So I'm leaving my job and heading for a new one.
Getting to this point has taken so much work, that it's only now (as I start writing up "everything I do" for my manager to make what I expect will be a futile attempt to get someone to do it in India, as goodbye parties are scheduled and people drop by to ask in hushed tones, "Are they hiring any other positions?", as I find myself doing monthly tasks and thinking, "This is the last time.") that I find myself gradually adjusting to the idea that in two more weeks I won't be here anymore.
Although I've changed roles a number of times, I've worked at the same company (mostly in the same building) for almost seven years now. At thirty-one, that's a rather major portion of one's life. When we moved out here and I started at the company, I was 24 and had two kids under two. A lot has changed since then.
At least in our modern world, a job is seen as a pretty transient thing. My employer could have told me I was out of a job at any time. Although the company tends to give a couple months' severance, that's not at all required. And similarly, while I've given them the traditional two weeks notice, in theory I could have simply said, "So long and thanks for all the fish," and walked out the door immediately.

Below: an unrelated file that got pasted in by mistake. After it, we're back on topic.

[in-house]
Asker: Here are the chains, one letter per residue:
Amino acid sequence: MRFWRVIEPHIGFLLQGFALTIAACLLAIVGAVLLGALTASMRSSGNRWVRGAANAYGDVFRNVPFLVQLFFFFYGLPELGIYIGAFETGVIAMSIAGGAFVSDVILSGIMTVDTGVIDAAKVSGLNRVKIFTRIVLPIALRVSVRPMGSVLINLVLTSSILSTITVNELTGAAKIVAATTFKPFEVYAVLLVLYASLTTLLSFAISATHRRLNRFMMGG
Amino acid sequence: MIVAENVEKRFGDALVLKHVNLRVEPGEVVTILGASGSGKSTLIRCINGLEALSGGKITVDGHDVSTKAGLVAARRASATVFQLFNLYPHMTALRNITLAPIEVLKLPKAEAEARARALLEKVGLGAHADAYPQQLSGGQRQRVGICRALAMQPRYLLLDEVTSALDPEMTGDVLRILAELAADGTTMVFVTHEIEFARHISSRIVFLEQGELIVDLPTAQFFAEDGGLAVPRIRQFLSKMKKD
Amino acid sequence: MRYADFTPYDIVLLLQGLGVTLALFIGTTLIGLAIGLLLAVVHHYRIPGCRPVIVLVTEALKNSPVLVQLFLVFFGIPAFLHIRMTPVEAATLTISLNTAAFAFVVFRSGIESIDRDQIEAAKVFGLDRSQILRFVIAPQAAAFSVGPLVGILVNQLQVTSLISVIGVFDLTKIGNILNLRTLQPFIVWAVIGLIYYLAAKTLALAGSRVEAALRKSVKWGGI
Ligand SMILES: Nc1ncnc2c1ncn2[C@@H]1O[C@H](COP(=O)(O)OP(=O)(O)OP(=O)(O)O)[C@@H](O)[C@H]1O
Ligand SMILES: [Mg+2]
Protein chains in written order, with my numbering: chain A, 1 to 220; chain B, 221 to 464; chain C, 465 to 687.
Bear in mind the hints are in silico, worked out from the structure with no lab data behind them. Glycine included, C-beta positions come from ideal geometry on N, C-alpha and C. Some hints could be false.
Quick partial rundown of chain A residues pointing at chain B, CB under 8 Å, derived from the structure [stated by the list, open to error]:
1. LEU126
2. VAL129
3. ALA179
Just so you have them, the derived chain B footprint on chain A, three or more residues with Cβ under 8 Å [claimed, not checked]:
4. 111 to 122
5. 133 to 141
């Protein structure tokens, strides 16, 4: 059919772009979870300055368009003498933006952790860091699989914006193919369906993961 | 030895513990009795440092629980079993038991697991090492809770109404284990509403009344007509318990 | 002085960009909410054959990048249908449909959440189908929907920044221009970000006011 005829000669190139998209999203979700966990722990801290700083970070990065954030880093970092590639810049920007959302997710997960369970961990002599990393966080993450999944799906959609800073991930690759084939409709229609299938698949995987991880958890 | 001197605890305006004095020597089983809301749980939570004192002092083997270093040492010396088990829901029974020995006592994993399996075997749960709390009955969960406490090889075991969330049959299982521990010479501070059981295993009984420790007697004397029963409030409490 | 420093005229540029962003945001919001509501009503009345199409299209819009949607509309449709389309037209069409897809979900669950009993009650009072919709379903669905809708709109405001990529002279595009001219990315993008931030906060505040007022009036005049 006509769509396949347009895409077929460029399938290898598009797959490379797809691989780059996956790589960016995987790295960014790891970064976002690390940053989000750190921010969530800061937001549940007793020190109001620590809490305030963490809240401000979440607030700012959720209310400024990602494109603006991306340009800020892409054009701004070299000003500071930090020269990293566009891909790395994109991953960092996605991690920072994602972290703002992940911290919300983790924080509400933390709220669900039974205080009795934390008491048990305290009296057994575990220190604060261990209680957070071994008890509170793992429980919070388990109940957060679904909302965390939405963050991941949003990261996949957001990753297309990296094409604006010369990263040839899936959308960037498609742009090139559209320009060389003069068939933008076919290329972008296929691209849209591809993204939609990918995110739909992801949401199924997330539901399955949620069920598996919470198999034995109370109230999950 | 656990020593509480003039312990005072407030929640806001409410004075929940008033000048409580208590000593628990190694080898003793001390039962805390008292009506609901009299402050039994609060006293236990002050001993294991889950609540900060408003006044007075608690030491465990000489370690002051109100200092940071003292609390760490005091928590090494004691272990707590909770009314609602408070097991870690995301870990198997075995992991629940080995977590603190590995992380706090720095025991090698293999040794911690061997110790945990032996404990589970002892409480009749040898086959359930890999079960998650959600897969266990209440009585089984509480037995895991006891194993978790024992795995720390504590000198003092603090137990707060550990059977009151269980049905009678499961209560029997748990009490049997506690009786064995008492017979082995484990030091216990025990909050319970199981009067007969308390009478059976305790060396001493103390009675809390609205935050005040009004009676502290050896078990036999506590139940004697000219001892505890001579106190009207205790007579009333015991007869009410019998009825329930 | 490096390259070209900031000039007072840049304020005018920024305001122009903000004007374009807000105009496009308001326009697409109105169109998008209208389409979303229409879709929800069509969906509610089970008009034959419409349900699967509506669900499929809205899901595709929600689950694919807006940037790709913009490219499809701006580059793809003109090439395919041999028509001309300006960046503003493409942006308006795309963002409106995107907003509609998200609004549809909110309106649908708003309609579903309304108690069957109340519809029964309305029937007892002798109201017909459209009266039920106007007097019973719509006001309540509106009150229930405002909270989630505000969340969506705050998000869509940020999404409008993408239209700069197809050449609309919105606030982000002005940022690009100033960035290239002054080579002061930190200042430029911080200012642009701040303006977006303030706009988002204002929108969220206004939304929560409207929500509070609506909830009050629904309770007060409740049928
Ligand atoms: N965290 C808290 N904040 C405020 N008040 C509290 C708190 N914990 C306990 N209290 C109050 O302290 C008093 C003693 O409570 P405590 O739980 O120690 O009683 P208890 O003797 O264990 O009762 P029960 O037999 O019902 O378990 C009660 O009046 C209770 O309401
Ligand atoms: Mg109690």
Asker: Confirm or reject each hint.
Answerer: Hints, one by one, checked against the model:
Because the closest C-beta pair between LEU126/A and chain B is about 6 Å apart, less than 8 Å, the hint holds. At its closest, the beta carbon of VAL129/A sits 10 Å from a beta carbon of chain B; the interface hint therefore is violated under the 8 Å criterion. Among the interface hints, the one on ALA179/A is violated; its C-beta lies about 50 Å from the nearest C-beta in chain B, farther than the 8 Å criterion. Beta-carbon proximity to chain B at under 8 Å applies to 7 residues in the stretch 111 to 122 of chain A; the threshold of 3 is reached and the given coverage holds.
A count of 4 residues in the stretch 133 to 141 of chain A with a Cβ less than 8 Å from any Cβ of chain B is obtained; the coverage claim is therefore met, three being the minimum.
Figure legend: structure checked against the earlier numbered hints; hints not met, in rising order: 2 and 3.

And yet, for all that either could have, in theory, walked away with no notice at any time, in fact the bonds between employee and company run deep, perhaps oddly deep given that it is "only a job". Work friendships may not always be the deepest, but we spend far more time with co-workers than with most other friends. And even when a job seems three parts drudgery to one part interest, it becomes part of our daily mental landscape. The longest I'd worked at any one company prior to this was about three years, and even there I to this day remember a great deal about personalities, products, and daily routine. I have the feeling that this company has sunk even deeper into my consciousness.
As a result, the whole thing still has a certain air of unreality. It often throws me when large changes in life come quickly. Somehow, the fact that the offer of the new job came so quickly, a ten minute call outlining compensation, start date, etc., makes it seem much less real than the long process of talking to various employers, interviewing, etc. It probably won't be until several seeks into the new job that it finally sinks in that this really is where I work now.
Mercy for the Rich and Poor
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